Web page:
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Irish Women of Our Past
4th December, 2012 at 6:15 am - 11:00 pmFree
“A sea of candles are lit one dark December evening. Each candle represents a woman who made the journey away from Ireland over the years. Recalled by one of their descendants, these women are commemorated through this body of flickering light, bringing back their memories into a shared space as their names fade in and out in turn from a screen nearby. Dates, alongside the pockets of lands and water they crossed, appear beside their names, reminding those watching of both the physical and temporal distances covered, marking this phenomenon of mass migration”.
On Tuesday the 4th of December the sea of candles will be lit in memory of those Irish women who journeyed to other lands. This sculptural space will be located at Film City (Old Govan Town Hall), Glasgow, located close to the Broomielaw where some of the boats arriving from Ireland would moor, with Govan itself a site of considerable Irish migration. The collection of names of Irish women of our past has continued to grow with more women remembered and represented by their descendants across the Diaspora, and more and more of their stories being remembered, recognized and shared. Each of the women’s names sent to Rachael will be represented by a small candle which will be lit within this temporary devotional space while the names of the women and the places they left are commemorated in a subtle video work close-by.
Tuesday 4th December from 6.15pm at Film City in Govan
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Rachael will be filming the sea of candles and streaming online for those who have submitted the names to access with a password being able to see the event from any location, allowing them to witness the event on behalf of their relation. The original candle which she lit for her own grandmother in Donegal, and then lit at the various ports on her recent visit will sit amongst these other candles, adding to the “sea” of light – a simple but effective act of remembrance.
Artist-researcher Rachael Flynn has always carried a sense of Irishness despite being born and brought up on the north east coast of Scotland. Her great- grandparents and grandparents were Irish and while she never knew her great- grandparents, she spent a lot of time with her father’s parents, listening to tales of their life back home and of their journey to Scotland, especially the stories told by her grandmother, Agnes Flynn (née McBride) recounting her journey as a fifteen year old girl running away from rural poverty at home to find work in Glasgow.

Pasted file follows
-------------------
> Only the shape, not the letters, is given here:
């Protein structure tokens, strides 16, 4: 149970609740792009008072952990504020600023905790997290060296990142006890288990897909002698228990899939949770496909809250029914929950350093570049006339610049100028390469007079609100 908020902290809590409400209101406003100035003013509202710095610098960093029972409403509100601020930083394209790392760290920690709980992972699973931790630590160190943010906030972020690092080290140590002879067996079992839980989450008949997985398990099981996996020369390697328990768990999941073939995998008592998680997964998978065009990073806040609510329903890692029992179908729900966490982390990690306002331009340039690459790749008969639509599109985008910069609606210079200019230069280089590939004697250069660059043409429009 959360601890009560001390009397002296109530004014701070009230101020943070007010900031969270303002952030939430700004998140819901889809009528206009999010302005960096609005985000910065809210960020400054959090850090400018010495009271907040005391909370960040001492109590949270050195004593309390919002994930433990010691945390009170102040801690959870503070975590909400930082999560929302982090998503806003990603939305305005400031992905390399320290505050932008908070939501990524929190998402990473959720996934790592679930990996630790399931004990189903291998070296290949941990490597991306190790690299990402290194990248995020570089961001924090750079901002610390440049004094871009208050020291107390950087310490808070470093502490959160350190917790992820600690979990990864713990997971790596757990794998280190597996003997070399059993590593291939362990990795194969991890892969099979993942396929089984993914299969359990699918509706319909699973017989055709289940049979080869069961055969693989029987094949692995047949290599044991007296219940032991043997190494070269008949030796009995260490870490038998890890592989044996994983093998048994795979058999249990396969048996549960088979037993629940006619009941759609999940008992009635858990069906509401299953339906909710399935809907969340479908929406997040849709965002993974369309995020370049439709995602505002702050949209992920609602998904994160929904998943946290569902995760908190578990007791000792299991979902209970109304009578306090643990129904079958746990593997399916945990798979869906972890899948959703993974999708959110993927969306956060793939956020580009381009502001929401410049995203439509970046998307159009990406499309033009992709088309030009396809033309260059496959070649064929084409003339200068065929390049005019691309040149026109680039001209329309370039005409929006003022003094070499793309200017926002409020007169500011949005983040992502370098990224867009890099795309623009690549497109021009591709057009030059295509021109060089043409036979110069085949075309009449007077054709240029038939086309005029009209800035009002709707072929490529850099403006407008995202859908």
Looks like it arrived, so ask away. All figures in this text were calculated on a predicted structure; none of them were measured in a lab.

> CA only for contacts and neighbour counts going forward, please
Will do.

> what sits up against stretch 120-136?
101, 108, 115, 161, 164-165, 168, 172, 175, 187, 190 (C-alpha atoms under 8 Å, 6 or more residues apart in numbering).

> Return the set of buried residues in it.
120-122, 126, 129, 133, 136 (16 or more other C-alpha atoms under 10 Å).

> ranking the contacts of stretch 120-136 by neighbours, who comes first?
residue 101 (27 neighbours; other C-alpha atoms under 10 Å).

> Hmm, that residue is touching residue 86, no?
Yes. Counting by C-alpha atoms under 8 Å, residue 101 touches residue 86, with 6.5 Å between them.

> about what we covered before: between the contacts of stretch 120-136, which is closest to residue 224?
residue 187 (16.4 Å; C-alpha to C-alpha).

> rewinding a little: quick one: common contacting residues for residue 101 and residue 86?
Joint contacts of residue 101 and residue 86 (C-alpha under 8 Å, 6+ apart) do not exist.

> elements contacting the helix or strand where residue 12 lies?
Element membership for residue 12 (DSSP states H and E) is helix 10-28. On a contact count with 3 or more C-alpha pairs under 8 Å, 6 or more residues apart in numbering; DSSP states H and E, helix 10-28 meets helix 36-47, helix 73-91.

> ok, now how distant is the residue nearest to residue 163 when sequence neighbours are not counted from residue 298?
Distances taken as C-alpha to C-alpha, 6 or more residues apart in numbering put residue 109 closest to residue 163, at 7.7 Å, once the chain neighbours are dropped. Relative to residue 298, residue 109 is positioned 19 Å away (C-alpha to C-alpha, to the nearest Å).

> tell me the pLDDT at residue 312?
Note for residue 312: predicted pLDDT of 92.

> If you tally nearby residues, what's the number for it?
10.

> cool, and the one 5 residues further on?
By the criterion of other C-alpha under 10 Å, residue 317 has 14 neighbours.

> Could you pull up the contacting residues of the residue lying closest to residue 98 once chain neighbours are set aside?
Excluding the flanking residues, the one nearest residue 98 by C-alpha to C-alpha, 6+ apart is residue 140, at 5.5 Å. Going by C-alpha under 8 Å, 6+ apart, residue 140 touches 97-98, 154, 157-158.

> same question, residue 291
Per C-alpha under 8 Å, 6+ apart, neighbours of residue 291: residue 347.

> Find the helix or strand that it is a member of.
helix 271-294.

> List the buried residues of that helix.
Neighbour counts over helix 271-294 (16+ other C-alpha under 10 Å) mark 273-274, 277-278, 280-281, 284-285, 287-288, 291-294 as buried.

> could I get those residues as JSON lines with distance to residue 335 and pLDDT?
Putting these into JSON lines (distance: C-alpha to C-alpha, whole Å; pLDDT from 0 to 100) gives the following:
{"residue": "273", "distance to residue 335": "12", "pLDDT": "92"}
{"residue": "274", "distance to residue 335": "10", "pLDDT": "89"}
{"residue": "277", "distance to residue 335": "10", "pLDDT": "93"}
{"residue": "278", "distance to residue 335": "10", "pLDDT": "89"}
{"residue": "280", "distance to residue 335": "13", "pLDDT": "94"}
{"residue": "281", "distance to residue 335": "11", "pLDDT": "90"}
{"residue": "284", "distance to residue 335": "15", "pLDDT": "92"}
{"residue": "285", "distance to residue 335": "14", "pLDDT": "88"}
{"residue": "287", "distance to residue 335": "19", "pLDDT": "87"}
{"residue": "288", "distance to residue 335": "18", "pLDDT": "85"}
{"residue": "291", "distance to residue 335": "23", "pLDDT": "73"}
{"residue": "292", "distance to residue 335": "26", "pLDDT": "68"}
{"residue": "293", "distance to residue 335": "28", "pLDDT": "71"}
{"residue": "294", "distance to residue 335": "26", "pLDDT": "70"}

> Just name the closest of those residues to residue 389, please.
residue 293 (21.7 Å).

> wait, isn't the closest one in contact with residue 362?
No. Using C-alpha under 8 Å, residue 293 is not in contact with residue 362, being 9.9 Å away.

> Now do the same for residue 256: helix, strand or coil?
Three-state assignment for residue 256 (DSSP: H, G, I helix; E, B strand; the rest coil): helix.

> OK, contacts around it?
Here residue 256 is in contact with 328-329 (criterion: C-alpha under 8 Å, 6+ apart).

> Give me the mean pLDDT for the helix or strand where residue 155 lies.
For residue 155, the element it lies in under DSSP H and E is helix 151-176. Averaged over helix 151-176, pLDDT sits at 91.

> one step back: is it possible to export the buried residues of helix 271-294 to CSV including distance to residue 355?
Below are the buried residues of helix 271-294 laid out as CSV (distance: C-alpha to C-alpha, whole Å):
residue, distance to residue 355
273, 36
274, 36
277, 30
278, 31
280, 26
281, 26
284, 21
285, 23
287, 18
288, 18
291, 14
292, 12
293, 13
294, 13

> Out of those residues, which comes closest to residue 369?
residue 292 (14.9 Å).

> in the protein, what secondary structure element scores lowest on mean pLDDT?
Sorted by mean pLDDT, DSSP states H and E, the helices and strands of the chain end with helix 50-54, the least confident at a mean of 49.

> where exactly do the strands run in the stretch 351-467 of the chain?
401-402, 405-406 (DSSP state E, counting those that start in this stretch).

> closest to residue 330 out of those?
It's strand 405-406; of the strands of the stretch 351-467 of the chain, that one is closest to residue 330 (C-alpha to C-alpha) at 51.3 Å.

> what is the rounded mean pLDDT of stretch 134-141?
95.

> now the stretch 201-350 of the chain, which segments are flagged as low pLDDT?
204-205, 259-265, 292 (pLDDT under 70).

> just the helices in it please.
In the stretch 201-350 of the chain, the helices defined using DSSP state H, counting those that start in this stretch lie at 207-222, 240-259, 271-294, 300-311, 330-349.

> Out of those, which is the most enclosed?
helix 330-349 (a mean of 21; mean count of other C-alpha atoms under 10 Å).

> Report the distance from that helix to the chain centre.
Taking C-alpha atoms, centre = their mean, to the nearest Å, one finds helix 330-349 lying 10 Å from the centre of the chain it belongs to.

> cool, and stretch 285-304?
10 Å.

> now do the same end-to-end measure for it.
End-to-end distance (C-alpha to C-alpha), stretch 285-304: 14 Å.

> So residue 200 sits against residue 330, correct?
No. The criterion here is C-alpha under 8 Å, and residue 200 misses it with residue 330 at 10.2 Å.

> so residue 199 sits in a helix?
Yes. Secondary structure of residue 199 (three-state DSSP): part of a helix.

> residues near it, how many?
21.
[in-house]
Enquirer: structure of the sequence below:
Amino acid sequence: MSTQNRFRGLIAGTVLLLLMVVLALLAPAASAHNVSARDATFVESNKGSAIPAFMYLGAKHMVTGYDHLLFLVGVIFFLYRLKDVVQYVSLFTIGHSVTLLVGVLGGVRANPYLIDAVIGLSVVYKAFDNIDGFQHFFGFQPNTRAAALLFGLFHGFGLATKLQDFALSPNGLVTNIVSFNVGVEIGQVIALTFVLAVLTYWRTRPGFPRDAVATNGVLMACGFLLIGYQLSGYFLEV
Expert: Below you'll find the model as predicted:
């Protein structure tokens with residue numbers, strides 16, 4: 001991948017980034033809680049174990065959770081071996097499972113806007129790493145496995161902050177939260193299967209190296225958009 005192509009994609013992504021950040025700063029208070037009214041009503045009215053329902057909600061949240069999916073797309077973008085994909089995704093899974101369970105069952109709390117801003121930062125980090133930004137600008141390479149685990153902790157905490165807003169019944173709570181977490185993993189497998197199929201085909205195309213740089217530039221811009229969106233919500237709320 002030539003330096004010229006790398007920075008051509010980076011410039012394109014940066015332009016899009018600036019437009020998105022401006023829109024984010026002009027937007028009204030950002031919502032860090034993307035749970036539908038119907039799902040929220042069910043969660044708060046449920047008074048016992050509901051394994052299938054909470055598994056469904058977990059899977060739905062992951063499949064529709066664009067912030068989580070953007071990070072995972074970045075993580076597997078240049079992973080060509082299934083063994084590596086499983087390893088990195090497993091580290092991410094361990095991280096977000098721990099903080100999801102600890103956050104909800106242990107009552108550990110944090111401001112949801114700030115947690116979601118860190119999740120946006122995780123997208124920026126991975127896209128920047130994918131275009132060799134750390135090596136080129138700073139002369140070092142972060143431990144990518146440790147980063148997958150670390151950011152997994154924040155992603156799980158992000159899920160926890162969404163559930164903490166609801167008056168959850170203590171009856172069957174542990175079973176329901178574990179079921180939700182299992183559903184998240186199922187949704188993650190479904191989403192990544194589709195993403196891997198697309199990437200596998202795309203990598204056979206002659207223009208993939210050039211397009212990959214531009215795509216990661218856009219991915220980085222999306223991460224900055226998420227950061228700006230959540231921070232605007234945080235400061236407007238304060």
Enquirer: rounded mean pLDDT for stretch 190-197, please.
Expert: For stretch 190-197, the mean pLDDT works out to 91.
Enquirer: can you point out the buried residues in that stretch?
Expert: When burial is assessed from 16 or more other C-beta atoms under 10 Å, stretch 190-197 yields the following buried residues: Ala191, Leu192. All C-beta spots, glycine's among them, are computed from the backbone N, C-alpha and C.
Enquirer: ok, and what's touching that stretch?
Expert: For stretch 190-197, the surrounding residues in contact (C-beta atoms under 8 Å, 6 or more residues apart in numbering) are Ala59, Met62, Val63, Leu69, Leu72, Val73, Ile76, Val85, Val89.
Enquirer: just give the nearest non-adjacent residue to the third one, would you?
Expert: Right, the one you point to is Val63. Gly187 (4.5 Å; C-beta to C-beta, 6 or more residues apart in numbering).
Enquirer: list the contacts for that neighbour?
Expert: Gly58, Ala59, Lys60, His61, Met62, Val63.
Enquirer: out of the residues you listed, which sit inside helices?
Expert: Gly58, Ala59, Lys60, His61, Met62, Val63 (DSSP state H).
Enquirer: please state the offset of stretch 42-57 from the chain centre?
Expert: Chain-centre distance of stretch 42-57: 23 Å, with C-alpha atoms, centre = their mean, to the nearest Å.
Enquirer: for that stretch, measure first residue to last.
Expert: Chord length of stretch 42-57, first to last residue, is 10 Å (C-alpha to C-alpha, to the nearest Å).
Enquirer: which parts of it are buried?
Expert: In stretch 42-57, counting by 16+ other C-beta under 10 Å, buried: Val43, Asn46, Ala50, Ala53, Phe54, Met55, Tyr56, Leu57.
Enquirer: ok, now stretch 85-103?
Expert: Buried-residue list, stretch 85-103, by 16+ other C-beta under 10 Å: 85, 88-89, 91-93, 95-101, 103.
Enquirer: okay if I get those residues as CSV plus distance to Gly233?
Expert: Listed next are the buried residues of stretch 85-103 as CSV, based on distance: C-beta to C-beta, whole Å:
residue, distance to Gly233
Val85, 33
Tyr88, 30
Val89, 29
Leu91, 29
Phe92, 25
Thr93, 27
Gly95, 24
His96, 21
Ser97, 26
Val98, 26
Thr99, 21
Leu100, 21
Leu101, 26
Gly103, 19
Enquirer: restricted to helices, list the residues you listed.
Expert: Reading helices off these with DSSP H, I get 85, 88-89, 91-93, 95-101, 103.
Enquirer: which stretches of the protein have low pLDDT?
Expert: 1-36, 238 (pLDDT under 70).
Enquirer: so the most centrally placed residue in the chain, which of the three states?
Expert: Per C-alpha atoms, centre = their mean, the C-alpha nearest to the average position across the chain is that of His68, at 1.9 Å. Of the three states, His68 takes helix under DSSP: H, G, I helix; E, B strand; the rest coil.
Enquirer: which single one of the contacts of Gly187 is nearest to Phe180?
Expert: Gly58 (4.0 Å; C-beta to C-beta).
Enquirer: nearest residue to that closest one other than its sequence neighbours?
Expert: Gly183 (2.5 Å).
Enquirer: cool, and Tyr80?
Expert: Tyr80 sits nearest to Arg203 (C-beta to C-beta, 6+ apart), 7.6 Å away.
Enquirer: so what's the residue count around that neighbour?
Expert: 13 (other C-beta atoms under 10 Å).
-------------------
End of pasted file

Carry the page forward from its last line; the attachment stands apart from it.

Rachael’s doctoral research at The University of the West of Scotland involves a creative exploration of the memories of migration handed down within the Irish Diaspora, in particular a celebration of the women’s stories.
This creative engagement is inspired and opened up through Rachael’s grandmother ‘s story – Agnes McBride was raised beside the coast of Northern Donegal – the shoreline a continual symbolic edge suggesting departure. Immersed within Rachael’s research handling and creative methodology is the translation of diasporic cultural memory, and the collective awareness of this ancestral backdrop. In many ways this displacement is something that is repeatedly experienced, building up layers as it is inherited through the generations. Central to these creative processes is the documentation of the artist herself forming new engagements with the thematic concerns of the research: notions of separation, loss, distance, absence and the internal and external boundaries of a personal sense of landscape.
At the start of 2012, Rachael began collecting the names of women who left and departed from Ireland, as she sought to create a work which would aim to capture the individual struggles and successes of these women. Drawing from this collection of personal histories, she was created a form of map marking the significant points of embarkation, the last places these women had contact with the land of their birth and often the places where they left their families behind.
This process of mapping developed into a work which allowed both herself and the relatives of these women to commemorate the migrant women’s departures from these sites. Rachael set out on a modern-day pilgrimage around Ireland visiting the main ports the women departed from, taking with her the small candle which she originally first lit in front of her grandmother’s family cottage in Donegal, and placing and re-lighting in their memory at each stop.
Please note that this event is not being organised by Glasgow Women’s Library but is the culmination of the Irish Women of Our Past project, which we held workshops for earlier this year. If you have any questions regarding this event please contact Rachael Flynn Directly on email@example.com